Confident Bruins aren’t looking back
Wall Street folks can tell you that the four most dangerous words are: This time it’s different.
Is there anyone within 10,000 miles of Causeway Street who doesn’t know that the Bruins squandered a 3-0 lead in last year’s Eastern Conference semifinals against these same Philadelphia Flyers?
“I don’t think there are too many people who aren’t aware of it,’’ Bruins coach Claude Julien remarked wryly yesterday as his club prepared for tonight’s Game 4 at TD Garden.
This time, though, it is different. This time, the Bruins will be playing Game 4 at home. This time, they’re coming off a 5-1 beatdown of the erstwhile Broad Street Bullies that essentially was over after 63 seconds and left the visitors reeling. This time, their goalie is the likely Vezina Trophy winner playing at the top of his game.
“A 3-0 lead in the series is the same,’’ acknowledged Tim Thomas. “Everything else is different.’’
The numbers are lopsidedly in the hosts’ favor. They’re 16-1 in Stanley Cup play when they’ve won the first three games, and the Flyers are 1-6 when they’ve lost them. In each case, the “1’’ occurred last year when Philadelphia won Game 4 in overtime, 5-4, in their own building and went on to take the series in seven games, knock off Montreal, and play Chicago for the Cup.
“We learned last year that the fourth win is the hardest,’’ said Thomas, who was an observer then.
Most of the Bruins learned it personally, but nearly half of their teammates — the Kaberles and Campbells and Peverleys and Kellys — only know what they’ve been told. In the rink, as in the courtroom, hearsay is irrelevant.
“Whatever happened last year was last year,’’ said Nathan Horton, who was playing for Florida then. “It doesn’t mean anything to us now.’’
What is relevant is that the Bruins are playing their best hockey of the season when it most matters. They’ve won seven of their last eight games, four of them in overtime, and they’ve done it by adhering to the approach that Julien brought with him four years ago: It’s always about the small picture.
“One game at a time, one period at a time, one shift at a time,’’ said Thomas.
That was how the Bruins conquered the Canadiens after dropping the first two games at home. None of their Spoked-B predecessors had survived a series in which they’d gone down, 0-2, and winning the next two in Montreal seemed unlikely. But focusing on one victory led to another and then another.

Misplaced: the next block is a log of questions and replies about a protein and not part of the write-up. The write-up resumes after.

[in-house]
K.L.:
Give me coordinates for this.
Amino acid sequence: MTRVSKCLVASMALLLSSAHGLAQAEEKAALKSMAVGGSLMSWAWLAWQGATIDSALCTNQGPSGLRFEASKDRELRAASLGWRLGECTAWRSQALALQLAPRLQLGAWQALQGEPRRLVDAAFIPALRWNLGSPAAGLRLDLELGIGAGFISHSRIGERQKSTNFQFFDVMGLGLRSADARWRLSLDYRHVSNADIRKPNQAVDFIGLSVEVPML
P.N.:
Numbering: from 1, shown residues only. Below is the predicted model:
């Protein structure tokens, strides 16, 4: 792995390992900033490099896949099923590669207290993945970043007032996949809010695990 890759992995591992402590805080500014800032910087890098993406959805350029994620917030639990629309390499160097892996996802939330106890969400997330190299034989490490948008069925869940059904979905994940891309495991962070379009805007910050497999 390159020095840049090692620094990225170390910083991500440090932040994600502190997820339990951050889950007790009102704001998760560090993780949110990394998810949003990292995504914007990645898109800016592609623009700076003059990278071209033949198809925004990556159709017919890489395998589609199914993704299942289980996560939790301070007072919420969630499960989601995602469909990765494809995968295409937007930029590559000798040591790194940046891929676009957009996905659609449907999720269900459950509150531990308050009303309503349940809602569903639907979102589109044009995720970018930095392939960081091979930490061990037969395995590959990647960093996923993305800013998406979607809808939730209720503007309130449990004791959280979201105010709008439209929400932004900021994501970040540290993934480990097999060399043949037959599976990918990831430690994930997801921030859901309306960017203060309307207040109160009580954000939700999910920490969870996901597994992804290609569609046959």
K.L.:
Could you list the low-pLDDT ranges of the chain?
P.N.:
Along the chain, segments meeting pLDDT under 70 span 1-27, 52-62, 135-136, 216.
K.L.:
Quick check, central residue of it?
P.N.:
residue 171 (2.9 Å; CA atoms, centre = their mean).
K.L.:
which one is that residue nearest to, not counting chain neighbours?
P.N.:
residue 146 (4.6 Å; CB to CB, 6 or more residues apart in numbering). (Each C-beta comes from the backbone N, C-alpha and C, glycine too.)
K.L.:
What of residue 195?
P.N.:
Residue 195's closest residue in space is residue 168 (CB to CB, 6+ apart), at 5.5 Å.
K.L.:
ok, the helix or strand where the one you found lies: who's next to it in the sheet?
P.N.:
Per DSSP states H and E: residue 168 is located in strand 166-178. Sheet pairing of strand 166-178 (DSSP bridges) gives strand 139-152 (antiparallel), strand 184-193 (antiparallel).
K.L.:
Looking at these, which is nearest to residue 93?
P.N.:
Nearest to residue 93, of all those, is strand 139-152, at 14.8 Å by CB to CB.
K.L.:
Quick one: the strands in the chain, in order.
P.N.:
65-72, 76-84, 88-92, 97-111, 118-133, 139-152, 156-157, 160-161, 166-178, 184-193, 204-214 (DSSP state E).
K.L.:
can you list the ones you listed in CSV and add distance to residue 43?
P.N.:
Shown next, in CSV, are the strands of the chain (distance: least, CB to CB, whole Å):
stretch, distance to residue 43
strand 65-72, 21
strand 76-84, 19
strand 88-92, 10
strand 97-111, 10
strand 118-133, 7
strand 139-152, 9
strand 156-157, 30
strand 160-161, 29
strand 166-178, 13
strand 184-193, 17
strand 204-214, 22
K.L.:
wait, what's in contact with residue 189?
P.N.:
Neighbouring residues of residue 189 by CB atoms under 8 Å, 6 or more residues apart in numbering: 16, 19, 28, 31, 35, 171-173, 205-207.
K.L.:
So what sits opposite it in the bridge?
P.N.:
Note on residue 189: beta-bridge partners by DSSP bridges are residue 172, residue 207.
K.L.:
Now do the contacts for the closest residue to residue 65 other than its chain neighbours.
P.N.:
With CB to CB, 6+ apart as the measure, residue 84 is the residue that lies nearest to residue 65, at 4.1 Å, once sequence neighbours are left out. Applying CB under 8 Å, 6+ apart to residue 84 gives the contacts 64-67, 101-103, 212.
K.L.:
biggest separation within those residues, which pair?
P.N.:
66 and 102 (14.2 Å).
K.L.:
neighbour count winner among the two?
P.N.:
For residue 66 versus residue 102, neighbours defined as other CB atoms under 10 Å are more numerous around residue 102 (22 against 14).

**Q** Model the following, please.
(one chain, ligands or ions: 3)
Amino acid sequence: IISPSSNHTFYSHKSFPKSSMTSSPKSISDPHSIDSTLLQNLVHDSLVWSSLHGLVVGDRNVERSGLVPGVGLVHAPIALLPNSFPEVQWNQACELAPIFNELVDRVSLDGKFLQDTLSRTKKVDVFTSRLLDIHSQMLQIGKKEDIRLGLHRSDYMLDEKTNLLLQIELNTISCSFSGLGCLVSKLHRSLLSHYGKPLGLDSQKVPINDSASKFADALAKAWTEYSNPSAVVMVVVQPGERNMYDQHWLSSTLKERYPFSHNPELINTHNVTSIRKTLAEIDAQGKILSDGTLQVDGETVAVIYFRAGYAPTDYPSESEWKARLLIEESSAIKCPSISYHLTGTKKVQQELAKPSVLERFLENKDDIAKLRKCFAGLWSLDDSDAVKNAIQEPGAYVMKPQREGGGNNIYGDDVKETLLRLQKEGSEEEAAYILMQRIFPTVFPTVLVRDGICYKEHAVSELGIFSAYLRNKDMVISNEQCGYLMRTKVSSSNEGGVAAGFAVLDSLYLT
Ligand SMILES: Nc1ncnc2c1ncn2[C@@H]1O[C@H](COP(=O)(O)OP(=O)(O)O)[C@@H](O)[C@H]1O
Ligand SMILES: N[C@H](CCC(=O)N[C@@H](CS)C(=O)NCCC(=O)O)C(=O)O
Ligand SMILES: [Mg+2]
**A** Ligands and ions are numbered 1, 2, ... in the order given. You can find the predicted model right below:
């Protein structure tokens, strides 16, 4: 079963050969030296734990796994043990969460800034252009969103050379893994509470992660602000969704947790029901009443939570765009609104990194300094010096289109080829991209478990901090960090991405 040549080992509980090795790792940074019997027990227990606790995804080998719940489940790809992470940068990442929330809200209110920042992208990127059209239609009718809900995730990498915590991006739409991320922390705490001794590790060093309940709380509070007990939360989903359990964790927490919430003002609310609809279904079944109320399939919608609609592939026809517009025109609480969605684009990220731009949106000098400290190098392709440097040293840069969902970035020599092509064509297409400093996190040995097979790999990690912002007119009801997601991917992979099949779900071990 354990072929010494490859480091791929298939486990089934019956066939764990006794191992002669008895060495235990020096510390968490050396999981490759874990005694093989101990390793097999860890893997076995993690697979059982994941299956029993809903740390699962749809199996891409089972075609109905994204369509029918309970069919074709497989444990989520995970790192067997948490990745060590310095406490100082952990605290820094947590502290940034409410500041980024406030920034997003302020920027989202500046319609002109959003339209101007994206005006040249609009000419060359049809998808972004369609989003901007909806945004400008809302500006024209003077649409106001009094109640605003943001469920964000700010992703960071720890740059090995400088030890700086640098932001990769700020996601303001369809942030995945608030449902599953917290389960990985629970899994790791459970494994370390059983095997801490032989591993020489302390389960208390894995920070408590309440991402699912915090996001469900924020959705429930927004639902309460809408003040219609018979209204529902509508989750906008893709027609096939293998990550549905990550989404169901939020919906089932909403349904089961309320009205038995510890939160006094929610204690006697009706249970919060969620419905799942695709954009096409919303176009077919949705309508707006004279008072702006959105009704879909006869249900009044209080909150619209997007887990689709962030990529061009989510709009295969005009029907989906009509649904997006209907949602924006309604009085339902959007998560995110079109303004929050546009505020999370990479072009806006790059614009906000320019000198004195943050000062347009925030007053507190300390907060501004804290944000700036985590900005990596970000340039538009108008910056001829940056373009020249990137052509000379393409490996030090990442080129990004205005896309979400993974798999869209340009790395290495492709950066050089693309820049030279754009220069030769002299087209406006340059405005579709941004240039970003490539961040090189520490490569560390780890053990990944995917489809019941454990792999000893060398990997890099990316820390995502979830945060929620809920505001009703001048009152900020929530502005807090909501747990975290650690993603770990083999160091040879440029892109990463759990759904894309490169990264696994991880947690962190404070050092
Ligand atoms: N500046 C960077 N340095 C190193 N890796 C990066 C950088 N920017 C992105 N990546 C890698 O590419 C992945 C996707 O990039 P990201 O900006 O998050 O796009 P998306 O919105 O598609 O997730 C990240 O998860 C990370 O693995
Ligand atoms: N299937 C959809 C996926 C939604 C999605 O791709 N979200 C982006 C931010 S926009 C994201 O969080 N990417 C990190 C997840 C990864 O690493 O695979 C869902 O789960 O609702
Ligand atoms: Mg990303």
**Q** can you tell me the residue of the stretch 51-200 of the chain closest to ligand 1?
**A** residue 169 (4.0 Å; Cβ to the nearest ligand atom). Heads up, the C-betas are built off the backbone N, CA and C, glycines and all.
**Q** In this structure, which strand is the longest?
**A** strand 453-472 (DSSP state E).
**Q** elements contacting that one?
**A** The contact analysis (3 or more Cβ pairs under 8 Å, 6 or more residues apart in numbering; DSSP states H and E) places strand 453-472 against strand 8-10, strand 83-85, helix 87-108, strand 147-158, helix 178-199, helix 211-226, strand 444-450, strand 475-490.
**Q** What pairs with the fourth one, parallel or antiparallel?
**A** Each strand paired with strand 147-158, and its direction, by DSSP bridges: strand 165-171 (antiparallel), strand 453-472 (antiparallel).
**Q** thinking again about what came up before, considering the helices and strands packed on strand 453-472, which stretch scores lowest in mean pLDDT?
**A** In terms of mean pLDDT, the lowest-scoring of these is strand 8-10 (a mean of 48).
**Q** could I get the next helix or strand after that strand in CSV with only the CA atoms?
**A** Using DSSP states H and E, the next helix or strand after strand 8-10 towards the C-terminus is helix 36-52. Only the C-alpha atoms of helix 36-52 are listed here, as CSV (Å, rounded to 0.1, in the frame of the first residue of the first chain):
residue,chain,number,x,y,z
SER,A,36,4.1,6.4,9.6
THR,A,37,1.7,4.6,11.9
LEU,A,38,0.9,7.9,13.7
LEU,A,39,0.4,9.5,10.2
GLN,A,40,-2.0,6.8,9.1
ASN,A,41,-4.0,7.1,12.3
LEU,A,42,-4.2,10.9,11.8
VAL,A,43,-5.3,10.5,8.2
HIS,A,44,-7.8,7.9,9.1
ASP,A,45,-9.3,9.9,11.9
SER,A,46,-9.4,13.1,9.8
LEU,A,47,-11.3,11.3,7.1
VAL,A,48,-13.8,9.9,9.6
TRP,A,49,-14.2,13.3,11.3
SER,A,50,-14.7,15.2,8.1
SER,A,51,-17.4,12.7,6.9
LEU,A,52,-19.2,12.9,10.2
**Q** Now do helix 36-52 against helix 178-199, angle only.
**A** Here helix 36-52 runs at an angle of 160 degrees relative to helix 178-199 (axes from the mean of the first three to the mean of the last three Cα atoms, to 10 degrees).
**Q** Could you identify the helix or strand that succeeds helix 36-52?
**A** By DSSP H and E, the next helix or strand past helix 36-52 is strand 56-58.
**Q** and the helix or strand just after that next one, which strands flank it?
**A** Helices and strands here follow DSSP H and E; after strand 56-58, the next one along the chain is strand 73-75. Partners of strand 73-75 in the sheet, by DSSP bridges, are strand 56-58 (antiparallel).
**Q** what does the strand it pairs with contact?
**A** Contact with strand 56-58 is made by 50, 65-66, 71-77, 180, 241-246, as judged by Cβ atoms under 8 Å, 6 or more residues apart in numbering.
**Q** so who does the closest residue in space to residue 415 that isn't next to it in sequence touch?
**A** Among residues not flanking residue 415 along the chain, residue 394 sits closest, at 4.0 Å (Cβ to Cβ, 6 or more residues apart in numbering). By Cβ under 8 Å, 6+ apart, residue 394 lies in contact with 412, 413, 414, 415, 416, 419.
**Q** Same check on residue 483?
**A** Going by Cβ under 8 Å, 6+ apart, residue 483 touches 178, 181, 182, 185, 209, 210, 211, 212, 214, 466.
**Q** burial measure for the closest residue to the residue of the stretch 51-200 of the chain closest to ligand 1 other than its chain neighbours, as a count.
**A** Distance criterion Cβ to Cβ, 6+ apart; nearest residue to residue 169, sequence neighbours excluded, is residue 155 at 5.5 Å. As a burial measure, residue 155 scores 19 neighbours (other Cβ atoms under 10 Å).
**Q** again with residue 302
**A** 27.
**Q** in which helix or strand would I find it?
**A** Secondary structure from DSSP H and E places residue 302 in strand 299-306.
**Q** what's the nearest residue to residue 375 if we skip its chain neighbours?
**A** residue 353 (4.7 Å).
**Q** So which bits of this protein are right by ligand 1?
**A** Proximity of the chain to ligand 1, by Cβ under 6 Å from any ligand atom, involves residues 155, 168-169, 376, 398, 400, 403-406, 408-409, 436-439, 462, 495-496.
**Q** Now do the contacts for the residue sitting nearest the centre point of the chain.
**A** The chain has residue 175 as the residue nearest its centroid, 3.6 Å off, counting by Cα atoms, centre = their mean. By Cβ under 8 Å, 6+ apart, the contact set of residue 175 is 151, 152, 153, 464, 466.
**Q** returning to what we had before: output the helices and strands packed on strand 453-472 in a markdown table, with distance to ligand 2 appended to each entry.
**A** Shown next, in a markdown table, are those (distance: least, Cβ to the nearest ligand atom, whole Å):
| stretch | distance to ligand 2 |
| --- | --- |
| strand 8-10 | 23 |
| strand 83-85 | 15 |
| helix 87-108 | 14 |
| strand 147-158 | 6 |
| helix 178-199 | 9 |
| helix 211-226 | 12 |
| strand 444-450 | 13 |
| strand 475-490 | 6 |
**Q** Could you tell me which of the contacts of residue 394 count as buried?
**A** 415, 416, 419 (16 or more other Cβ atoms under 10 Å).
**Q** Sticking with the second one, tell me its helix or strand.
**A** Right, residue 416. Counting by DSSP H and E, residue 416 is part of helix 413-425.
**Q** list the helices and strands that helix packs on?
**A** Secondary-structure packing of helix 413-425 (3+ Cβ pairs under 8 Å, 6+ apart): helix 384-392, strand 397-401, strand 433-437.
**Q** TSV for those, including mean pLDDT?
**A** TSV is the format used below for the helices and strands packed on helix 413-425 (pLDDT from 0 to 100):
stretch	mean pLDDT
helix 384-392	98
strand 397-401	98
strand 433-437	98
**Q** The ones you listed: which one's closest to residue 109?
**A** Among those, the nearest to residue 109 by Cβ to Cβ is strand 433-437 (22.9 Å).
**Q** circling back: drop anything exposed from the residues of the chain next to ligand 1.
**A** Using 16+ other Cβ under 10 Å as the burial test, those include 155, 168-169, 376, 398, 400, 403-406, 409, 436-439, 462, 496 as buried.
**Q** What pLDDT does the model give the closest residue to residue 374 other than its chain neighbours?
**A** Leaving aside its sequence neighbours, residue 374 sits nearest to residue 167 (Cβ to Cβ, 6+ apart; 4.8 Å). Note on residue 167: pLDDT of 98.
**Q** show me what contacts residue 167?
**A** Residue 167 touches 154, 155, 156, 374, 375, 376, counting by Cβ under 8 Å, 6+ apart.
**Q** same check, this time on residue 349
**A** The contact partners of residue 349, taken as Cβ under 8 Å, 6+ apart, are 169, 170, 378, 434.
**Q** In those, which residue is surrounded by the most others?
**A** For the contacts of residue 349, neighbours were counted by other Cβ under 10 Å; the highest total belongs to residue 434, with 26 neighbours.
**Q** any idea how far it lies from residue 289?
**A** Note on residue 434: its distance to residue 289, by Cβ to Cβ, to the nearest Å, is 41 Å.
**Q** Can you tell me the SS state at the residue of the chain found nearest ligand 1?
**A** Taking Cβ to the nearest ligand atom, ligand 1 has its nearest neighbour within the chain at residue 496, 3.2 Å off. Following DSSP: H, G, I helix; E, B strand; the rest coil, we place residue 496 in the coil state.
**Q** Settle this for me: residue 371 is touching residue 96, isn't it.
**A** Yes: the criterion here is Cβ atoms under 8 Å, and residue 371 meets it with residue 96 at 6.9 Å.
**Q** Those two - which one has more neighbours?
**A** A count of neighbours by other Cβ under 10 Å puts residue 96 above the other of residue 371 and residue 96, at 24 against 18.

Thus did the Flyers craft a comeback for the ages last year, and that’s how they’ll have to do it this time.
“We’re not going to win four games on Friday,’’ Danny Briere said after Wednesday’s tutorial. “We have to win one game and go from there.’’
The Bruins would prefer not to return to Philadelphia for another elimination game Sunday against a rival that would be coming off a life-saving road victory, so they’re likely to be a little short on brotherly love tonight.
“You need to have that killer instinct to end it as soon as you can,’’ observed Julien.
Boston went for the throat immediately two nights ago, scoring the two fastest opening playoff goals in franchise history, then hit the Flyers with another 1-2 combination within 95 seconds in the second period. What was notable was that the tallies came from four different players on a night when 10 Bruins made the scoresheet.
What has been significant this postseason, beyond the irreproachable play of Thomas, has been the production and diversity of the club’s four lines. Ten forwards have scored so far and seven have done it against Philadelphia.
“There’s a chemistry that’s evolved with all our lines now,’’ said Julien. “Guys are comfortable playing with each other.’’
The directional arrow has been pointing upward ever since the Bruins pulled themselves back from the abyss at the Bell Centre on Patriots Day.
“We’re a determined group right now,’’ said Julien. “We’re not sitting comfortable, by any means. We never have.’’
His club was in a comfortable place a year ago, coming off a 4-1 decision at Philadelphia that put them up, 3-0. The series sequence, though, was different. The Flyers had lost the first two games at the Garden by a goal, one of them in overtime, and they knew they’d have a chance to make a last stand at home.
This year’s Flyers team was blitzed, 7-3, on its own ice, had its heart torn out in overtime despite tommy-gunning Thomas, then was knocked cuckoo in the first game here, both on the scoreboard and on the ice.
“We got what we deserved,’’ conceded Sean O’Donnell.
This time, it’s different. The Bruins survived a near-death experience against their bleu-blanc-rouge archrivals and came out stronger for it. They’ve developed a taste for the jugular. The Flyers, who barely escaped the Sabres, have been playing goalie roulette. Even chairman Ed Snider allowed that another resurrection is “an awful lot to expect.’’
This Boston bunch is a different group, Julien declared, with a different feeling.
“We’re writing our own new chapter,’’ said Brad Marchand.
If this version doesn’t start with a recap, it’s because not enough of the authors were around for the earlier one. The past doesn’t necessarily have to be prologue.
“Right now, I like where we are,’’ Julien said. “The biggest thing again will be putting the past aside and thinking about the present — and living in the moment.’’
John Powers can be reached at firstname.lastname@example.org.